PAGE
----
Understanding the nature of the voltage dependence associated with individual rearrangements produced by binding of divalent ions to the gating ring is essential to untangle the mechanism underlying the role of such rearrangements in BK channel gating. To this end, we have now performed PCF measurements with human BK channels heterologously expressed in Xenopus oocytes, including a range of VSD mutations or co-expressed with different regulatory subunits. Here we provide evidence for a functional interaction between the gating ring and the voltage sensor in full-length, functional BK channels at the plasma membrane, in agreement with the structural data from Aplysia BK. Moreover, these data support a pathway that couples to divalent ion binding to channel opening through the voltage sensor.

Results

Voltage dependence of gating ring rearrangements is associated to activation of the RCK1 binding site

BK α subunits labeled with fluorescent proteins CFP and YFP in the linker between the RCK1 and RCK2 domains (position 667) retain the functional properties of wild-type BK channels (Miranda et al., 2013; Miranda et al., 2016). This allowed us to use PCF to detect conformational rearrangements of the gating ring measured as changes in FRET efficiency (E) between the fluorophores (Miranda et al., 2013; Miranda et al., 2016). Binding of Ca2+ ions to both high-affinity binding sites (RCK1 and Ca2+ bowl) produces an activation of BK channels, coincident with an increase in E from basal levels reaching saturating values at high Ca2+ concentrations (Miranda et al., 2013 and Figure 1a). In addition, we observed that the E signal has the remarkable property that in intermediate Ca2+ concentrations (from 4 µM to 55 µM) it shows voltage dependence besides its Ca2+ dependence (Miranda et al., 2013 and Figure 1a). As discussed previously (Miranda et al., 2013), these changes in E with voltage are not conformational dynamics of the gating ring that simply follow the voltage dependence of VSD. For instance, at 0 Ca2+ concentrations movements of the VSD occurs between 0 and +300 mV (Stefani et al., 1997; Horrigan et al., 1999; Horrigan and Aldrich, 2002; Zhang et al., 2014; Carrasquel-Ursulaez et al., 2015; Zhang et al., 2017). However, we do not observe changes in E between 0 and +240 mV (Figure 1a). Similarly, at 100 µM Ca2+, charge movement takes place between −100 and +150 mV (Carrasquel-Ursulaez et al., 2015), while our FRET signals at 95 µM Ca2+ do not vary within this voltage range (Figure 1a). Independent activation of high-affinity binding sites by other divalent ions (Ba2+, Cd2+, or Mg2+ (Miranda et al., 2016)) led us to postulate that Ca2+ activation has a site-dependent relation to voltage. To further evaluate the effect of individual high-affinity Ca2+ binding sites on the voltage-dependent component of the gating ring conformational changes we first selectively mutated the binding sites. Mutations D362A and D367A (Xia et al., 2002; Zeng et al., 2005) were introduced in the BK667CY construct (BK667CYD362A/D367A) to remove the high-affinity binding site located in the RCK1 domain. Figure 1b shows the relative conductance and E values for the BK667CYD362A/D367A construct at different membrane voltages for various Ca2+ concentrations. As described previously, the G-V curves show a significantly reduced shift to more negative potentials when Ca2+ is increased, as compared to the non-mutated BK667CY (Figure 1a–b, left panels). Specific activation of the Ca2+ bowl renders a smaller change in E values, which are not voltage-dependent within the voltage range tested (Figure 1b, right panel). To test the effect of eliminating the RCK2 Ca2+ binding site -the Ca2+ bowl- we mutated five aspartates to alanines (5D5A) (Bao et al., 2002). As expected, activation of only the RCK1 domain by Ca2+ reduced the Ca2+-dependent shift in the GV curves (Figure 1c, left panel). Even though the extent to which the E values changed with Ca2+ was reduced (Figure 1c), there was a persistent voltage dependence equivalent to that shown in Figure 1a corresponding to the non-mutated channel (most appreciable at 12 µM and 22 µM Ca2+ concentrations; Figure 1c, right panel) (Miranda et al., 2013). Further, at these two Ca2+ concentrations the changes in E occurred within the same voltage range (+60–120 mV) in channels with the Ca2+ bowl mutated (Figure 1c) or not (Figure 1a). This effect seems not to be attributable to Ca2+ binding to unknown binding sites in the channel, since the double mutation of the RCK1 and RCK2 sites abolishes the change in the FRET signal (Figure 1d). Altogether, these results indicate that the voltage-dependent component of the gating ring conformational changes triggered by Ca2+ in the BK667CY construct depends on activation of the RCK1 binding site. Because the gating ring is not within the transmembrane region, it is not expected to be directly influenced by the transmembrane voltage. Therefore, the voltage-dependent FRET signals must be coupled to the dynamics of the gate region associated with the opening and closing of the channel and/or those of the voltage sensor domain.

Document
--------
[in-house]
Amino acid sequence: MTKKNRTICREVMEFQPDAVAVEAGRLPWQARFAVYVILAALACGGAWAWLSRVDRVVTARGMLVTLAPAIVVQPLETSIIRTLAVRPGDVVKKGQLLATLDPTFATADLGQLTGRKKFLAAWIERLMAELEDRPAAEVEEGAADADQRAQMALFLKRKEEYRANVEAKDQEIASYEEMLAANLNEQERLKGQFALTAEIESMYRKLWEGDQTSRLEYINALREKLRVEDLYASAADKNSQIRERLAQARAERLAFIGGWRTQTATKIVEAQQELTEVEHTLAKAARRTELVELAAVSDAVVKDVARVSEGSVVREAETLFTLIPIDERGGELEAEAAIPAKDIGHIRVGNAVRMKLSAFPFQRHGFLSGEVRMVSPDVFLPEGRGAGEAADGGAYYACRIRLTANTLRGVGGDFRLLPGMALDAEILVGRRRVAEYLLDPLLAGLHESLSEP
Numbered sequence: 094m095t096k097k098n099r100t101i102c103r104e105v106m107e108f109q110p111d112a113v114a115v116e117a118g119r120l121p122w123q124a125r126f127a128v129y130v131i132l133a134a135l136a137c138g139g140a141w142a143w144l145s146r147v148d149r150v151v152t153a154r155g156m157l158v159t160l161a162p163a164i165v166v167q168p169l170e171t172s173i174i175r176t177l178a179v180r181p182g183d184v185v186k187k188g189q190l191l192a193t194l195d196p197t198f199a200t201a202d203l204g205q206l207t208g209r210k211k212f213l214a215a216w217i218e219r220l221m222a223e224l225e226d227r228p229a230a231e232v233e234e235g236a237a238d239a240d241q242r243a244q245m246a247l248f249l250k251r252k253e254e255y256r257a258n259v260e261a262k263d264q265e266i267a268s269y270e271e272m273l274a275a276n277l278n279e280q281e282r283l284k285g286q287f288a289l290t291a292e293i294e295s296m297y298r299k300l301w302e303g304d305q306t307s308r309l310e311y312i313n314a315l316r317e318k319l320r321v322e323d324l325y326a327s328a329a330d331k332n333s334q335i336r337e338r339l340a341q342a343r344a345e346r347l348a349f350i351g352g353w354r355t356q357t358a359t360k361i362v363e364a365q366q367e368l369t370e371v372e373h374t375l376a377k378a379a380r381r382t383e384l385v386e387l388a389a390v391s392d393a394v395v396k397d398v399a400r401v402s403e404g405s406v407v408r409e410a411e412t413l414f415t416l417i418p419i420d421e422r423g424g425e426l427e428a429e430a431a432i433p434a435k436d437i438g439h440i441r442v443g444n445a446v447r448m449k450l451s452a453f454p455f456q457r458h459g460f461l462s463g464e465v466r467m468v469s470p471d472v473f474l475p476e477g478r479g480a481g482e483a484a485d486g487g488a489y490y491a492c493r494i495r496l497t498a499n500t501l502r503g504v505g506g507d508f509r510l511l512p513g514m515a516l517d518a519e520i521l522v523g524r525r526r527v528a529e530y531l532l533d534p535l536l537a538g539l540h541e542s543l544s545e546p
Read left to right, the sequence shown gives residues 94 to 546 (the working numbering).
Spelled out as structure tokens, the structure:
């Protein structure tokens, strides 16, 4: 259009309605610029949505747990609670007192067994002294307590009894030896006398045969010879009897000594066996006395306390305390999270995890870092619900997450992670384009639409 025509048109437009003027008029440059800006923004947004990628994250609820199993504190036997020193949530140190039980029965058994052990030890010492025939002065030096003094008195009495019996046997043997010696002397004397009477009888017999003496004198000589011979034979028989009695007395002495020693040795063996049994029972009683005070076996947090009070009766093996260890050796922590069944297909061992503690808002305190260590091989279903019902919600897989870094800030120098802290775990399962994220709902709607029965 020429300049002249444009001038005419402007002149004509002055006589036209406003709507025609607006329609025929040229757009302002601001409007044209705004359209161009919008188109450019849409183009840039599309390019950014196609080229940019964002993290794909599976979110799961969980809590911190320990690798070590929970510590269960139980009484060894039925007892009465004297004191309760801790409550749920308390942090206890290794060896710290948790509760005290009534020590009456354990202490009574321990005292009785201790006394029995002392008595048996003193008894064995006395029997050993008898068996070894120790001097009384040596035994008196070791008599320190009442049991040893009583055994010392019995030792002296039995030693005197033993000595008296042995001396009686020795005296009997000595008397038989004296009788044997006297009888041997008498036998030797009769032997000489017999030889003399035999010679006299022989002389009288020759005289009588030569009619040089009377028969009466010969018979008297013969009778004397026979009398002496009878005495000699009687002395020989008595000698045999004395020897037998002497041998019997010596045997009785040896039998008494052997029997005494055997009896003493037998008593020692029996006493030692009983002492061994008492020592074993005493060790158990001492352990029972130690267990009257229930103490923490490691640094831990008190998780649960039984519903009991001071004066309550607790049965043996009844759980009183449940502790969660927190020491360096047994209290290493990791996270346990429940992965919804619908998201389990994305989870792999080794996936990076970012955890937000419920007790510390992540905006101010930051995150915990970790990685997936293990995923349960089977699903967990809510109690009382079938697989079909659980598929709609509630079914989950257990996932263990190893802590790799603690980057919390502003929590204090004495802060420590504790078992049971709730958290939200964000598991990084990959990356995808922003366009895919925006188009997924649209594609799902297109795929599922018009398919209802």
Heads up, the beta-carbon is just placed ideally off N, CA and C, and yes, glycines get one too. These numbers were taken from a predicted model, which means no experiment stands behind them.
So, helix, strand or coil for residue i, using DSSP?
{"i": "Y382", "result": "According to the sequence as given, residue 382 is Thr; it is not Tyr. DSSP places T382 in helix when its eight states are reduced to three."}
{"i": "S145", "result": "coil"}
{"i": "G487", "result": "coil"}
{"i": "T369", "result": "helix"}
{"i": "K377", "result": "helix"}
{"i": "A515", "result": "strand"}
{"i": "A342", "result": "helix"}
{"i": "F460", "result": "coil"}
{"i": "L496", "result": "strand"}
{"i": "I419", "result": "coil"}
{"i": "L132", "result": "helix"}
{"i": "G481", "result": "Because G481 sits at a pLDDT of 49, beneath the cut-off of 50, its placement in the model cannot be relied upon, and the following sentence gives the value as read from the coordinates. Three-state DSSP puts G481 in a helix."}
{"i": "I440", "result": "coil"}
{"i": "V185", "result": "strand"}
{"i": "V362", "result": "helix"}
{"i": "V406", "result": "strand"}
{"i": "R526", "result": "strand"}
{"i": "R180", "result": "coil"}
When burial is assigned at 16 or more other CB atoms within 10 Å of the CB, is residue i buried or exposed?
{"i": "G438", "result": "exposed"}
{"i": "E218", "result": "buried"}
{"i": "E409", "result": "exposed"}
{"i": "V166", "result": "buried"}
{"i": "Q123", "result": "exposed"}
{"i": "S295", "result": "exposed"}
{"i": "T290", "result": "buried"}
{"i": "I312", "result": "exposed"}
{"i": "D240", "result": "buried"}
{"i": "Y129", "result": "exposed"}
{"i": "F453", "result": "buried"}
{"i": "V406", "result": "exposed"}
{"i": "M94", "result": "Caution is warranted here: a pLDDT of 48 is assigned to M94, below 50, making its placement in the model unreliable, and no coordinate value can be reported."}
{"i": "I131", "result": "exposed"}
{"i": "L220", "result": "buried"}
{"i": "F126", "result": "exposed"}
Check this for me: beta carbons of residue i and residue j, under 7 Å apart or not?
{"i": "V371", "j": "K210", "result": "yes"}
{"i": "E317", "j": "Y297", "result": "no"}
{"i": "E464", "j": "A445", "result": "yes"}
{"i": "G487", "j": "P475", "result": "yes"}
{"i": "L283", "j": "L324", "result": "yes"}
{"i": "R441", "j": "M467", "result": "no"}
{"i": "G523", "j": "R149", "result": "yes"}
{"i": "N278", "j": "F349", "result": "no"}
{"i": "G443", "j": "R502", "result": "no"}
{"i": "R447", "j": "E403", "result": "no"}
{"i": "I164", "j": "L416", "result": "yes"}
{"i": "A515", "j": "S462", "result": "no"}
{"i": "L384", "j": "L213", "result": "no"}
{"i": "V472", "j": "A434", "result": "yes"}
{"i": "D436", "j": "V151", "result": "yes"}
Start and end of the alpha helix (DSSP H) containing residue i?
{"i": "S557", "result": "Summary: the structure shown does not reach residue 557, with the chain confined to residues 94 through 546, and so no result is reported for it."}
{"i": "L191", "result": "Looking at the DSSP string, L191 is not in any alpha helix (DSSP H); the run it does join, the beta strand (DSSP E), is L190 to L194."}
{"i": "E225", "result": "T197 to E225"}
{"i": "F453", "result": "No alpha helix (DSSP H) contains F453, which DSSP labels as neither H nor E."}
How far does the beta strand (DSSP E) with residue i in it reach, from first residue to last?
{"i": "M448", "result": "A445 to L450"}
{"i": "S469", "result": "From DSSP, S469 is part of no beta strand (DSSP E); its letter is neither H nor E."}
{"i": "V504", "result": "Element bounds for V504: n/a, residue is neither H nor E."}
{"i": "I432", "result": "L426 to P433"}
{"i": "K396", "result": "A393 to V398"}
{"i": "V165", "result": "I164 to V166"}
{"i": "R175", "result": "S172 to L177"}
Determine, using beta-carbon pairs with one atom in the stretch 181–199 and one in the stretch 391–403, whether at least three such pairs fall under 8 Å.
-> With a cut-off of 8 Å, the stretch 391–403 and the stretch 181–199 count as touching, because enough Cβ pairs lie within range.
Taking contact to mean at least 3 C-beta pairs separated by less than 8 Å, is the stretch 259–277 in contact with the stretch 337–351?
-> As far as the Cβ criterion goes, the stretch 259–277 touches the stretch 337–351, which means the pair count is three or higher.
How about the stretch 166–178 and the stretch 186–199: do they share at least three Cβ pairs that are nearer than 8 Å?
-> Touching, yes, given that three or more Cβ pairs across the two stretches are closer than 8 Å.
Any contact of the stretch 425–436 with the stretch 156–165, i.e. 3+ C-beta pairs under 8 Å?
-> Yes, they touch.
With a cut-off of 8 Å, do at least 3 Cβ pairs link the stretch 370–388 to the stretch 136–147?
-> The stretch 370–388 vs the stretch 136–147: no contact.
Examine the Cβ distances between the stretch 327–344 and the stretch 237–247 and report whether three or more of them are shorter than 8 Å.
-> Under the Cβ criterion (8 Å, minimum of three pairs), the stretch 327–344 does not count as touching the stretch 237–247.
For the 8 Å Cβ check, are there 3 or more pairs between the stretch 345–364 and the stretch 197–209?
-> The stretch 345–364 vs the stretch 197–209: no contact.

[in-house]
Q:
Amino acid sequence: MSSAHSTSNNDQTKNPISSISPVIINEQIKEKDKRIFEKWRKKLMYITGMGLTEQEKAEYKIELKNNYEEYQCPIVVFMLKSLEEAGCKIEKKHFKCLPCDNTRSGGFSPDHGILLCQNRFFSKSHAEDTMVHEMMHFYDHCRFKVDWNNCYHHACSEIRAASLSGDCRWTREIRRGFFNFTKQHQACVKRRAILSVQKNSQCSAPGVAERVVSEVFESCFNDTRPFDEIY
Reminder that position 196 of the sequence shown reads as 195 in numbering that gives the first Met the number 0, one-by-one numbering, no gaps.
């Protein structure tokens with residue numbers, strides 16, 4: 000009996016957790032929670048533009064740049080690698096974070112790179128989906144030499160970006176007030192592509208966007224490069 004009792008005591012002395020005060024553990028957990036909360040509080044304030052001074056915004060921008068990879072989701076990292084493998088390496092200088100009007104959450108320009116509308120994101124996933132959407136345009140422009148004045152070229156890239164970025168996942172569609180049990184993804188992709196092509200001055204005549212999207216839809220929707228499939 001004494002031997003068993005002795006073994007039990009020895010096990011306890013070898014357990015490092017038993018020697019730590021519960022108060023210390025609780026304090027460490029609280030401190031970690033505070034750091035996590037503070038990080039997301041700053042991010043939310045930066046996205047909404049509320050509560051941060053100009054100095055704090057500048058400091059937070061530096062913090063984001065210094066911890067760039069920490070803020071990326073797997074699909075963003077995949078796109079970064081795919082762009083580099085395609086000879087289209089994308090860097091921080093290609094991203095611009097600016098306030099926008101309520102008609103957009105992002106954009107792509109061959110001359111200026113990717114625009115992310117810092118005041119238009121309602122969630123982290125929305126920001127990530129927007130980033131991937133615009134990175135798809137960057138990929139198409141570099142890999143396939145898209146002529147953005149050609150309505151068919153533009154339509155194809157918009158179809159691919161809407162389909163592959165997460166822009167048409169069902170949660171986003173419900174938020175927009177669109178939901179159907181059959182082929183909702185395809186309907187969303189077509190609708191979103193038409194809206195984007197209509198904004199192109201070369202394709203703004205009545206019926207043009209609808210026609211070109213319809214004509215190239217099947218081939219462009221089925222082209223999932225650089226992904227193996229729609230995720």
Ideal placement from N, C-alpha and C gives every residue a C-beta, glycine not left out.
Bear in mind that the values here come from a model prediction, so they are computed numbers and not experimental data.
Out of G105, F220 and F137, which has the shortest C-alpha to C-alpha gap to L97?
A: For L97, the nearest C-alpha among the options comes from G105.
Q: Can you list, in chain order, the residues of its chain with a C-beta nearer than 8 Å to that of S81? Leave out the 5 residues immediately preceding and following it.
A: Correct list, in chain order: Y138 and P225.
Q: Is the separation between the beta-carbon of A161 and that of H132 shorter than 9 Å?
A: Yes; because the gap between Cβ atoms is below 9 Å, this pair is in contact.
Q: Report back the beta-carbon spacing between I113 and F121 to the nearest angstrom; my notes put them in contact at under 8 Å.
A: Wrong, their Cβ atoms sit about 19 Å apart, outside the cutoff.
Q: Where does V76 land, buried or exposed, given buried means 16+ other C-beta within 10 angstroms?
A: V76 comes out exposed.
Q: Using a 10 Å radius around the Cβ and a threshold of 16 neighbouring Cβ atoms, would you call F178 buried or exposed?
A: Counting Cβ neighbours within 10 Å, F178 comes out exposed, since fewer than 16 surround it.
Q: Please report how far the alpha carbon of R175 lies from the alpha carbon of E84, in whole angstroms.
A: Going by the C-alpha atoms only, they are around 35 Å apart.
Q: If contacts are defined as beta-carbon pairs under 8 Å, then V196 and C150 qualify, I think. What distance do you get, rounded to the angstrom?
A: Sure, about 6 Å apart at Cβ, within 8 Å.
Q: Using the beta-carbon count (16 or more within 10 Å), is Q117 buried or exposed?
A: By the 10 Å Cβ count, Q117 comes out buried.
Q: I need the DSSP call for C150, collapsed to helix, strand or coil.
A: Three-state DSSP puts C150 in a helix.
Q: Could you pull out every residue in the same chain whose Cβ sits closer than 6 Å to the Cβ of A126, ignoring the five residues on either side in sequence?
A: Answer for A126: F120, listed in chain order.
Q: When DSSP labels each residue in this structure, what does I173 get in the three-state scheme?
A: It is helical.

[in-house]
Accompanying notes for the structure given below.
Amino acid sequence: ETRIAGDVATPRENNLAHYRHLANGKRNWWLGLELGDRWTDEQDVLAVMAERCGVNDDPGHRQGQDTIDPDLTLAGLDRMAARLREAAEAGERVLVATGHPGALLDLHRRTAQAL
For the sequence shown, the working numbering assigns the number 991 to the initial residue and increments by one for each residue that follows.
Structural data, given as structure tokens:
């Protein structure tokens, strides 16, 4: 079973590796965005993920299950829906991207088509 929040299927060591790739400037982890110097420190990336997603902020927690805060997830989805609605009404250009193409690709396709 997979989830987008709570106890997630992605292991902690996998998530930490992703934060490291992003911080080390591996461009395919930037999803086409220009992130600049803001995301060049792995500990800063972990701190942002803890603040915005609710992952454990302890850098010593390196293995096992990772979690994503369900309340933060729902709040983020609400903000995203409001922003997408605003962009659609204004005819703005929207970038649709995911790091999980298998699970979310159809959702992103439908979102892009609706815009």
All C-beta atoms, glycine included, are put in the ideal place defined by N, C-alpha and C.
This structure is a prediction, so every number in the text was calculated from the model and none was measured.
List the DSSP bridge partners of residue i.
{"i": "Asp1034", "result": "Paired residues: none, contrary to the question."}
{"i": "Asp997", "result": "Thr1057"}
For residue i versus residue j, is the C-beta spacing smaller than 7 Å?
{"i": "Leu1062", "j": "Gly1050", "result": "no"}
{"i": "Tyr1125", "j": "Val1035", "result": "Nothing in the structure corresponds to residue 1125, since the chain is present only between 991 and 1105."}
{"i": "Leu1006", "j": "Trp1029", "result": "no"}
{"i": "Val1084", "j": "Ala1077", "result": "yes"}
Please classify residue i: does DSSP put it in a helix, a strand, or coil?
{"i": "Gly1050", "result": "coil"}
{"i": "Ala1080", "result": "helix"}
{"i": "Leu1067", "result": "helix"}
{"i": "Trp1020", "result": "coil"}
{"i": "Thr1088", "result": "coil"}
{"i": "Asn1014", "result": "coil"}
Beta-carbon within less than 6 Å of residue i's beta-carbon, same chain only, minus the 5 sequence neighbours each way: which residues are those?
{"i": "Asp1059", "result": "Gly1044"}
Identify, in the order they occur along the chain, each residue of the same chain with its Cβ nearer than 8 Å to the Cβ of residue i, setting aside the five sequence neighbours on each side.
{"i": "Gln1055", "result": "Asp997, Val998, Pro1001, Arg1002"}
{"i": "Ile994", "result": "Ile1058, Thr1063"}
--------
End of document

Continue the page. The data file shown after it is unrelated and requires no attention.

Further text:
Voltage dependence of gating ring rearrangements is associated to activation of the RCK1 binding site.